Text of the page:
The source of the controversy is because while ISIS is not a state, although its insane members say it is, it nonetheless operates across national boundaries making the armed conflict apparently international. But the requirement of IHL is not that the conflict must cross boundary lines. It is that it be fought by states or by a state and a group engaged in a war of national liberation. ISIS, with its penchant for beheadings of innocent civilians, including journalists, cannot be said to be engaged in a war of national liberation against a colonial or racist regime.

On the other hand, ISIS, while more apt to be engaged in an internal armed conflict since it has territory and apparently a military command, has shown itself incapable of complying with the rules and customs of warfare. Again, its penchant for beheadings is proof of this. Moreover, the armed struggle is directed not just against a state; it is against at least two—Iraq and Syria. Strictly speaking, their barbaric acts appear to be directed against the entire civilized world.

Fortunately or not, the US involvement against ISIS in the form of targeted air strikes has resolved the problem of characterization. Under IHL, the use of air strikes will undoubtedly qualify the application of IHL. Moreover the fact that the US is now using its armed forces against the terrorist group has made the conflict an international armed conflict because regular armed forces of a state is now utilized in a foreign territory.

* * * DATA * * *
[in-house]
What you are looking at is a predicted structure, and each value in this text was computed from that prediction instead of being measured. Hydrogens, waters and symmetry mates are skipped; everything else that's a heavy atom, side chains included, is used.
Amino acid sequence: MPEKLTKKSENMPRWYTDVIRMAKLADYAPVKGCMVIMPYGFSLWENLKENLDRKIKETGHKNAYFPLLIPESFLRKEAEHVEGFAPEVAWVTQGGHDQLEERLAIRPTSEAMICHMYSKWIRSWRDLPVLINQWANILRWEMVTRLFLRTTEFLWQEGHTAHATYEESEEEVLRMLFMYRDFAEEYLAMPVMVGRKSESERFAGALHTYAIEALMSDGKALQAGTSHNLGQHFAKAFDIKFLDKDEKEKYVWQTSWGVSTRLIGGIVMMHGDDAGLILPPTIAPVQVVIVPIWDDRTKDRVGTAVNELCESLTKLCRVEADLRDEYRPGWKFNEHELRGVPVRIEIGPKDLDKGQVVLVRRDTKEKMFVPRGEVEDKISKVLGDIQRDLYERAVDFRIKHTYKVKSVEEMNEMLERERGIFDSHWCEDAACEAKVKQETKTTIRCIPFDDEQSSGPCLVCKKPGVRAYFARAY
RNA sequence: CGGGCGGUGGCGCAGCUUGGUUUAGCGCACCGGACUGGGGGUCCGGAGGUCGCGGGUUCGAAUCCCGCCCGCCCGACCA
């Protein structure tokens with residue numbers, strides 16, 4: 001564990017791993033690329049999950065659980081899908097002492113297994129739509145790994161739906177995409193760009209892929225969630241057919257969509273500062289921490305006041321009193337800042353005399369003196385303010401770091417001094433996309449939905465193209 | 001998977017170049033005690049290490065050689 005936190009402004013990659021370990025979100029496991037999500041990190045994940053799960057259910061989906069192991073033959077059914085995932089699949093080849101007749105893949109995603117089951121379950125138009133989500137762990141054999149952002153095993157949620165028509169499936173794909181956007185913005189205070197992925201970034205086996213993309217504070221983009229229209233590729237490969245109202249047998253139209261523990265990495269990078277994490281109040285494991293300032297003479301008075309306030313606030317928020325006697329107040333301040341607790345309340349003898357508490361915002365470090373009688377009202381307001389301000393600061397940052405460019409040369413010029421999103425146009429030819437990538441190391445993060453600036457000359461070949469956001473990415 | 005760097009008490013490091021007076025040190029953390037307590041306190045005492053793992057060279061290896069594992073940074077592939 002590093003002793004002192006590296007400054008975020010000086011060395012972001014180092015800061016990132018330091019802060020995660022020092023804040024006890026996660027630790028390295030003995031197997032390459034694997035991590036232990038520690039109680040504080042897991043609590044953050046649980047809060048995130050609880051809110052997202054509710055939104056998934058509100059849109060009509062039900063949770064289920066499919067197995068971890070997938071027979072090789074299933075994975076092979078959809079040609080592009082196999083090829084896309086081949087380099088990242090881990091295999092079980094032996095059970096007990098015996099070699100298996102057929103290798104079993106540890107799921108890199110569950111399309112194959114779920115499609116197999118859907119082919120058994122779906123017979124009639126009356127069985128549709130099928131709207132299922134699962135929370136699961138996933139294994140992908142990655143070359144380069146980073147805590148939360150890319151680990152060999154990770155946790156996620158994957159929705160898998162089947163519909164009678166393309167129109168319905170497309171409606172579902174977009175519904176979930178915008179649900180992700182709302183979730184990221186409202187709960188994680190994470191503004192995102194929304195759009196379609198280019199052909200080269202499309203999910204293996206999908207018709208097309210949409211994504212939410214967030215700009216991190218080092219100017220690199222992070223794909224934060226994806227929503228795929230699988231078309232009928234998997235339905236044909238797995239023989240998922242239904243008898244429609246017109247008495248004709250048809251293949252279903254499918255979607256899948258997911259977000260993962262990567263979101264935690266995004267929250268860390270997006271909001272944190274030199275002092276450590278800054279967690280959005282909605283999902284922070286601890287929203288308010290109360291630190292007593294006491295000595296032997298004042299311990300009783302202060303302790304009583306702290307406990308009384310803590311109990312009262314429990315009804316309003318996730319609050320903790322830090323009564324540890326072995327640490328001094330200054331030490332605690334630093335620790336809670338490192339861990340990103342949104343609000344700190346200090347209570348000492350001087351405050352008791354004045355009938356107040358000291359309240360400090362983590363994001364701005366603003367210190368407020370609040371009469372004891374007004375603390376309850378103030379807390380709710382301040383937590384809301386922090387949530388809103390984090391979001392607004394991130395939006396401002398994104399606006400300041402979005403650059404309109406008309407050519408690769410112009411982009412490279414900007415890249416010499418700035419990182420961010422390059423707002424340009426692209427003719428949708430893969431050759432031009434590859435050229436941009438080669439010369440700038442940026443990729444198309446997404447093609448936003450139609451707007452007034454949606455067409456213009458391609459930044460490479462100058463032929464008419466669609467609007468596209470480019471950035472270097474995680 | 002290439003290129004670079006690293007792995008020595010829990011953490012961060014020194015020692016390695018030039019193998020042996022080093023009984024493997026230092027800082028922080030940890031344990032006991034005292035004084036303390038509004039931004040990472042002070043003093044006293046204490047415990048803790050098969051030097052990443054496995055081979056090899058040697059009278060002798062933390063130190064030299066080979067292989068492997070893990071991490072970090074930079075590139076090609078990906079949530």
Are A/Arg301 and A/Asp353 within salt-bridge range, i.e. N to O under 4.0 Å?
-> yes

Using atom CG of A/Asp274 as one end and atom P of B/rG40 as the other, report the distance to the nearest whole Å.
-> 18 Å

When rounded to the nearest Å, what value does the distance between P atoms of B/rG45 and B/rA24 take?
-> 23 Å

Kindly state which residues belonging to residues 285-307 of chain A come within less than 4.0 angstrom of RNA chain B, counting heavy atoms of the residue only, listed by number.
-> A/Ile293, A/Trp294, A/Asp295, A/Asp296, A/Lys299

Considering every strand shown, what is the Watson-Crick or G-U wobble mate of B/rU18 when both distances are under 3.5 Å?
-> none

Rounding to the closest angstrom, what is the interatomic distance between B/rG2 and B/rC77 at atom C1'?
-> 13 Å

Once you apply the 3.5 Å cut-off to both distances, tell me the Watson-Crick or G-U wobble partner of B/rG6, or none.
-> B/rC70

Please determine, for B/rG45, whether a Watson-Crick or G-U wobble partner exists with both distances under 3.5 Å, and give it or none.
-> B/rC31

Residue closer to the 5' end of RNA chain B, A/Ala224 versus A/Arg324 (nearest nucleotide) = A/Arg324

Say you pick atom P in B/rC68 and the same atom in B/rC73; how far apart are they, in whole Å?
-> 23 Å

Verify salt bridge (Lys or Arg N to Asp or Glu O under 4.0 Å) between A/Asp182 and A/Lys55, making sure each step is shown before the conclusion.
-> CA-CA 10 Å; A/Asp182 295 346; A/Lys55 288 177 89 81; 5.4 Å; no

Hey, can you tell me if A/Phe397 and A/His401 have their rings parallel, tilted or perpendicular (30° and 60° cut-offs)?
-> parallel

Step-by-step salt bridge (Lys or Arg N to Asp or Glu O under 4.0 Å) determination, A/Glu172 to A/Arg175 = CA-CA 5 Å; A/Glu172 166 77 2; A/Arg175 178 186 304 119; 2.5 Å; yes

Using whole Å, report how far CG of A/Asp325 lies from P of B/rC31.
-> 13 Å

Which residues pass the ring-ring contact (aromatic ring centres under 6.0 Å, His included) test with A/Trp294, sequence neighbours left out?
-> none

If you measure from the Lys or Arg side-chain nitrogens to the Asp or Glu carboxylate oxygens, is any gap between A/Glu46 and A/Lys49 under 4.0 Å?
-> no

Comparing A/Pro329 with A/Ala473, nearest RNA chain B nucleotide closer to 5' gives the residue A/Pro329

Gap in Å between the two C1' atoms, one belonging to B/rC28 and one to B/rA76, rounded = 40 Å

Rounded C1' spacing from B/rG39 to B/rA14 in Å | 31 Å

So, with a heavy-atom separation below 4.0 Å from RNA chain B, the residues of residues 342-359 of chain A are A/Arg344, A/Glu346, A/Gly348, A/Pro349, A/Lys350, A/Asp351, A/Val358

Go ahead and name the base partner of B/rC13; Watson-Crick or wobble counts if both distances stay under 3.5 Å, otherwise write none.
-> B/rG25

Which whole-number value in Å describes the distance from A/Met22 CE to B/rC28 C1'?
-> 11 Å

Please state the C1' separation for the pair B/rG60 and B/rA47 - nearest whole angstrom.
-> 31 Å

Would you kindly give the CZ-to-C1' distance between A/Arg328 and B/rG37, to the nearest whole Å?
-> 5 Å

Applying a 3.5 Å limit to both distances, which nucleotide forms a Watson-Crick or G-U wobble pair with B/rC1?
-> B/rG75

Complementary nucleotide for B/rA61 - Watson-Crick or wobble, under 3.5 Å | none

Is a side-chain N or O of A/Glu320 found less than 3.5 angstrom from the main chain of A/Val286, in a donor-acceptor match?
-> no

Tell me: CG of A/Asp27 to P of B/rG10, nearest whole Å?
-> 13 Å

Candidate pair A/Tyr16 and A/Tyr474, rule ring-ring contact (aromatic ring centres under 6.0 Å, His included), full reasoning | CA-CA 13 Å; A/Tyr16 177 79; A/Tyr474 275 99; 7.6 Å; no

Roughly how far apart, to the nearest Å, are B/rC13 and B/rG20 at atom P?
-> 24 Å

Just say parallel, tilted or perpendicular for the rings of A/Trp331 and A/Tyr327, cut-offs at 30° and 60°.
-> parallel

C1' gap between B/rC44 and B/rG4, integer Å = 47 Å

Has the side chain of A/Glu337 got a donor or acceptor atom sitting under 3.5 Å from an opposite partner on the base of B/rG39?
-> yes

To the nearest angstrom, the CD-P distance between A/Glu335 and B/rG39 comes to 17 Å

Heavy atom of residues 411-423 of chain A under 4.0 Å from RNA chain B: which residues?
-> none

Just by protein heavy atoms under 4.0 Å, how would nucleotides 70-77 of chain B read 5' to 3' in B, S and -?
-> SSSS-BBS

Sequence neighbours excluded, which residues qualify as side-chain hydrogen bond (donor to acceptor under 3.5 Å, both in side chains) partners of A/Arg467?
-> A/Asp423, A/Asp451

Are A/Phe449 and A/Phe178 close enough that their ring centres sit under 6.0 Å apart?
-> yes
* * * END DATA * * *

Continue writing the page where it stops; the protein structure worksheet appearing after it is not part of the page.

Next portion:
The issue today has thus gone beyond what conflict the ISIS can pose. Instead, we are now engaged in a debate on whether the air strikes are legal under international law. Ironically, the most unlikely leader has triggered the debate: the Pope himself.

Pope Francis has been vocal against the unilateral use of force even against the ISIS. This is surprising if only because the ISIS has openly declared war against all Christians. He has been arguing that instead of unilateral use of force the UN community, through the Security Council, should authorize the use of force against the terrorist group. I find myself sympathetic to the Pope’s cause. Imperfect as the UN Charter maybe, the type of limited peace that we have achieved since World War II has been anchored on our adherence to the prohibition on the use of force. If we deviate from this established norm, we open ourselves to the possibility of resort to further unilateral force, which will shatter our temporary peace.

In any case, jus in bello is distinct from jus ad bellum. Regardless of the legality of the use of force, IHL, because it is applicable, will apply. This means that individuals behind ISIS, regardless of where they may be found, will be prosecuted for war crimes. Let this be fair warning to the loonies who are toying with the idea of supporting this terrorist group.